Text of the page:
Some ranchers are saying it is time to find creative ways to deal with wolf attacks on livestock. That’s what a new bill in the Washington state Senate hopes to do — to the frustration of some wildlife rights groups.
A big goal of Senate Bill 5939 is to lethally remove wolves that chronically attack livestock. Right now, ranchers say, current methods — with all the paperwork and decisions — are like disciplining your pet, days later. The wolves don’t understand why they are being targeted.
“I think if people listen to what’s being proposed, they will find goodness whether you like wolves or you don’t like wolves,” said bill sponsor Keith Wagoner, R-Sedro-Woolley, during a public hearing Thursday.
The bill would create a three-year pilot program where ranchers can kill the first wolf to return to where the livestock was killed. It’s unclear if that means livestock carcasses, which can attract wolves, would be left in the area or not.
“We would rather go after the culprit early in the game and then not try and get the cousins, aunts and uncles that come in for a dinner later, because they all have to eat. We understand that. They don’t know the difference,” livestock producer Jeff Dawson said.
Going after the culprit early also would help prevent more livestock from getting attacked, said rancher Samee Charriere, who is on the state’s Wolf Advisory Group, or WAG. Charriere spoke via Zoom from inside her tractor, saying she was about to feed her cattle after she testified.
“These cattle are our livelihood,” she said. “It’s very emotional and it’s very much an economic loss to us to be continuing to have these depredations.”
While bill opponents said they sympathized with ranchers and appreciated attempts at finding creative solutions, they explained that they worried the first wolf to return to a kill site might not be the one that killed the animal.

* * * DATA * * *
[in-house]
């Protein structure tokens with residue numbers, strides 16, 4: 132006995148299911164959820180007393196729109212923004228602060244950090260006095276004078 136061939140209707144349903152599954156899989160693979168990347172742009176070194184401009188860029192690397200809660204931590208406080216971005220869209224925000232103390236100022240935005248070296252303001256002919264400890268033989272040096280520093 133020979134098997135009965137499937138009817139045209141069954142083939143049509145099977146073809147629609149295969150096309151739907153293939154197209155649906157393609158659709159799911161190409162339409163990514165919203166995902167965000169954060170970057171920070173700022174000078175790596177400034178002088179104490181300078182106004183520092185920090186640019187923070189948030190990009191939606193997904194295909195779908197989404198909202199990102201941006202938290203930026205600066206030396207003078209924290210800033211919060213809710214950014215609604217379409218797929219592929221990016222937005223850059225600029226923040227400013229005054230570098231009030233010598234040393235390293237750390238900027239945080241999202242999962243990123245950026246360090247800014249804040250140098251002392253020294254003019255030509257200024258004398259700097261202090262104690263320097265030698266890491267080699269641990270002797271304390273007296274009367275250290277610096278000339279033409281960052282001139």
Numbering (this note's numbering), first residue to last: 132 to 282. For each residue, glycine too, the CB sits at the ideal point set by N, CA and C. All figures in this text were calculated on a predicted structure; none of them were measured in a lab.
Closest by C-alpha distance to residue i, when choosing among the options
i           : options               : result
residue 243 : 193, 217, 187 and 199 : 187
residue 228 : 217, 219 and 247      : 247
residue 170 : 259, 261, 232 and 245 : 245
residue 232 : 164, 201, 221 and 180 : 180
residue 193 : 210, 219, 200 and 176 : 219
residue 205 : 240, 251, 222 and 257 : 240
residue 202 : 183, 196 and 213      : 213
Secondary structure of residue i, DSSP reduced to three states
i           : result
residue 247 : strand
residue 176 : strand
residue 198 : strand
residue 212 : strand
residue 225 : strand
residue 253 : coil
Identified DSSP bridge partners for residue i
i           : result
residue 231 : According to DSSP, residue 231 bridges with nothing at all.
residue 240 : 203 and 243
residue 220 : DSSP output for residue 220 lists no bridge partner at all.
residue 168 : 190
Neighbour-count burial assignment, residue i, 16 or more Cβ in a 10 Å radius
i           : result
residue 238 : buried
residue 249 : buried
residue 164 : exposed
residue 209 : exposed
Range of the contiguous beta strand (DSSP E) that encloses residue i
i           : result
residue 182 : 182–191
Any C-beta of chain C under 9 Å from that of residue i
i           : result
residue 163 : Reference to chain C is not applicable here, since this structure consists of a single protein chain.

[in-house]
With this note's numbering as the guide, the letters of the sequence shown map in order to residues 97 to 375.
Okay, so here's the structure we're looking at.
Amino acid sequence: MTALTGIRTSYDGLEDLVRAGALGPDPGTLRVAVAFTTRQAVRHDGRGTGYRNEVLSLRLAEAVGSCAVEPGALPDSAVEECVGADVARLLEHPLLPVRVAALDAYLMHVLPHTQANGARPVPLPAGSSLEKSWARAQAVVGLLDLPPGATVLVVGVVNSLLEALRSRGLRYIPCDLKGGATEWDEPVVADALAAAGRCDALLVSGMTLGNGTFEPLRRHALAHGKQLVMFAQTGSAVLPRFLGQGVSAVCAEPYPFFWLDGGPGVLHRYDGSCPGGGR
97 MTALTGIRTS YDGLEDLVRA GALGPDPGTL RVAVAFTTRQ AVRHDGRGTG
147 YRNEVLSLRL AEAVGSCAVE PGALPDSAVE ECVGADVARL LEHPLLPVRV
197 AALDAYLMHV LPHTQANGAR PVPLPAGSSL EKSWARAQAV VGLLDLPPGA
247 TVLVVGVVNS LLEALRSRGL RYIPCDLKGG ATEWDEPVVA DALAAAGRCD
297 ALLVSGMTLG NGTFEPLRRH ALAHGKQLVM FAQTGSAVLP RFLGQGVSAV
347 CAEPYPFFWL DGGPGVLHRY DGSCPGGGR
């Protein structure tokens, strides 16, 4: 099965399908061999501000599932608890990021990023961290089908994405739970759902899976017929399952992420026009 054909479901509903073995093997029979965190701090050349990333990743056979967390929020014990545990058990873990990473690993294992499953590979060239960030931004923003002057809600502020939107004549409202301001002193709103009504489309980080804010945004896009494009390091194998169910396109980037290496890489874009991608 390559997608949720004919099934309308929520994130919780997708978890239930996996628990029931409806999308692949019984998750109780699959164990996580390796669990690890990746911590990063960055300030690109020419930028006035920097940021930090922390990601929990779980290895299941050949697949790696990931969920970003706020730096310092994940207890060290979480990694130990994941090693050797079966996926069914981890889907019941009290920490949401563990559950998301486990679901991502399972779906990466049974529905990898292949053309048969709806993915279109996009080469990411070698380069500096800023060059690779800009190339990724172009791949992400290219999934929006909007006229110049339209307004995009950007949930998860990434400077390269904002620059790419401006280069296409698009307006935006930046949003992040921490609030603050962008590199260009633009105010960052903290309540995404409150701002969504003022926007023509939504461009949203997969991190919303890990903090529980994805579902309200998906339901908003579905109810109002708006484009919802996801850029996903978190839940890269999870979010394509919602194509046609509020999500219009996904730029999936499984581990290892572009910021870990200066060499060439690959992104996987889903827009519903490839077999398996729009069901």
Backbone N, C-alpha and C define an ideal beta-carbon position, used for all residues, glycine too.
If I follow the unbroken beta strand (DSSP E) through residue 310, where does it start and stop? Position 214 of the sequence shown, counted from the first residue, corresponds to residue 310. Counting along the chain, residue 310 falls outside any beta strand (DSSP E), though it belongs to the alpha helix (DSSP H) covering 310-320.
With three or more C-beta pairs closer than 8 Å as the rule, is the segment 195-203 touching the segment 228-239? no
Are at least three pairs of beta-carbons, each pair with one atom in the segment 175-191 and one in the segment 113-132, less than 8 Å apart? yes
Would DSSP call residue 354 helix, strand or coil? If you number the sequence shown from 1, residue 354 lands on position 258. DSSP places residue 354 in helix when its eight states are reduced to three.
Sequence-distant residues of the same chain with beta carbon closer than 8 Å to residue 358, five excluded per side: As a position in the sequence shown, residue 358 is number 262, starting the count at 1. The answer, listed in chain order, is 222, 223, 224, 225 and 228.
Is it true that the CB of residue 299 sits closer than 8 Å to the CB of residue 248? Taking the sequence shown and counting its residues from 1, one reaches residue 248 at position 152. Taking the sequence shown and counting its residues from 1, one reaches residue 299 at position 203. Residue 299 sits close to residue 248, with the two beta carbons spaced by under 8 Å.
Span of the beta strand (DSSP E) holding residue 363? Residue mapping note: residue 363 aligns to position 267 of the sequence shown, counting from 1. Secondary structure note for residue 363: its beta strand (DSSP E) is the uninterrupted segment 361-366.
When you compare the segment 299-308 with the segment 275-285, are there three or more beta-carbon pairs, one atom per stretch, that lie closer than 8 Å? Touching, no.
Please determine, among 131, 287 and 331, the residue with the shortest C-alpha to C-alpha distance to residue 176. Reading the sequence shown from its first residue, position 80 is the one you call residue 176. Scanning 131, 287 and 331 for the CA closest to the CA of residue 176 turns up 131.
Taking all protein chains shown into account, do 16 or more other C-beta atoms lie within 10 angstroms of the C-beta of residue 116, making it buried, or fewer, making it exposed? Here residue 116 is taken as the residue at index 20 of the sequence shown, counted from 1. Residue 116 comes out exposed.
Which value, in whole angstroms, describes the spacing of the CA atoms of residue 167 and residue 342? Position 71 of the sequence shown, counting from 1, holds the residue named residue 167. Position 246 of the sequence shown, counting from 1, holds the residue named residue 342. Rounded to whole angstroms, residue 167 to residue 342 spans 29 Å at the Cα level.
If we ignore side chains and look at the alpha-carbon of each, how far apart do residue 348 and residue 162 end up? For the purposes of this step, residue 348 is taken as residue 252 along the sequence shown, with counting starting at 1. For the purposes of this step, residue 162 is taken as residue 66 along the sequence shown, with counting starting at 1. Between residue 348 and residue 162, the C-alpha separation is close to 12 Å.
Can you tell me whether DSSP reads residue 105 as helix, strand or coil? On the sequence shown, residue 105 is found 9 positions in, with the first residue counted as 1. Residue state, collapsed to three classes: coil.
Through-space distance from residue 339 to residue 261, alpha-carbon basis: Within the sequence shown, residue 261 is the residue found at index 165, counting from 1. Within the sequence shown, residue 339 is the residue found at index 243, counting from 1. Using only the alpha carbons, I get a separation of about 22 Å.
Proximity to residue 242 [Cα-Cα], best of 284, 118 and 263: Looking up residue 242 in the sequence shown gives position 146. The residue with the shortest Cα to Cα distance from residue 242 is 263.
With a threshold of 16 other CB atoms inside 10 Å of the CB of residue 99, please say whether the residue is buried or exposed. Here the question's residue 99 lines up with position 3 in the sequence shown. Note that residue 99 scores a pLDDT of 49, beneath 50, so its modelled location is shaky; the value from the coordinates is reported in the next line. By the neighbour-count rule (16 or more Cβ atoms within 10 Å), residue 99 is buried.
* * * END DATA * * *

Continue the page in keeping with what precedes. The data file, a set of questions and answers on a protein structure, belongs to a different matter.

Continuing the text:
“We think this bill undermines the efforts that have gone into ensuring robust, proactive, non-lethal efforts are deployed as the first and best defense against loss of livestock,” Paula Swedeen, senior policy director with Conservation Northwest and a member of WAG.
WAG’s wolf protocol is the reason the state is having “unprecedented success” minimizing wolf-livestock conflict compared to other states, said Dan Paul, Washington state director of the Humane Society of the United States and a member of WAG.
Last year, he said, with at least 216 wolves on the landscape and more than 200,000 cattle, there were 15 confirmed wolf depredations on cattle.
“Wolf-livestock conflict is the most challenging of wildlife topics that our state faces,” Paul said.
Protecting versus baiting
The state Department of Fish and Wildlife also raised concerns about language in the bill. Julia Smith, Endangered Species Recovery section manager with the department, asked for clarification on how the three-year program would be implemented.
She said it’s also unclear whether livestock carcasses could be left out at the depredation site, which would be a violation of state law that “prohibits negligent or initial feeding or attraction of carnivores.” Removing livestock carcasses is a “cornerstone” of mitigating conflict between wolves and livestock, Smith said.
“There is a thin line between a livestock producer protecting livestock and hunting wolves over bait,” Smith said.
Inslee asks for new lethal removal rules
While the state legislature looked for “out-of-the-box” solutions to deal with depredations and lethal removal of wolves, Gov. Jay Inslee last week also ordered the state to figure out new rules for when it kills wolves that repeatedly attack livestock.
The order effectively reverses a decision by the state Fish and Wildlife Commission, which had denied a similar petition in October by wildlife advocacy groups.
The groups, including Washington Wildlife First and the Center for Biological Diversity, had raised concerns about how the state determines when wolves should be killed.
“My concern from the beginning has been that there has been no disciplined, science-based, accountable process for making those decisions,” said Claire Loebs Davis, president and acting director of Washington Wildlife First.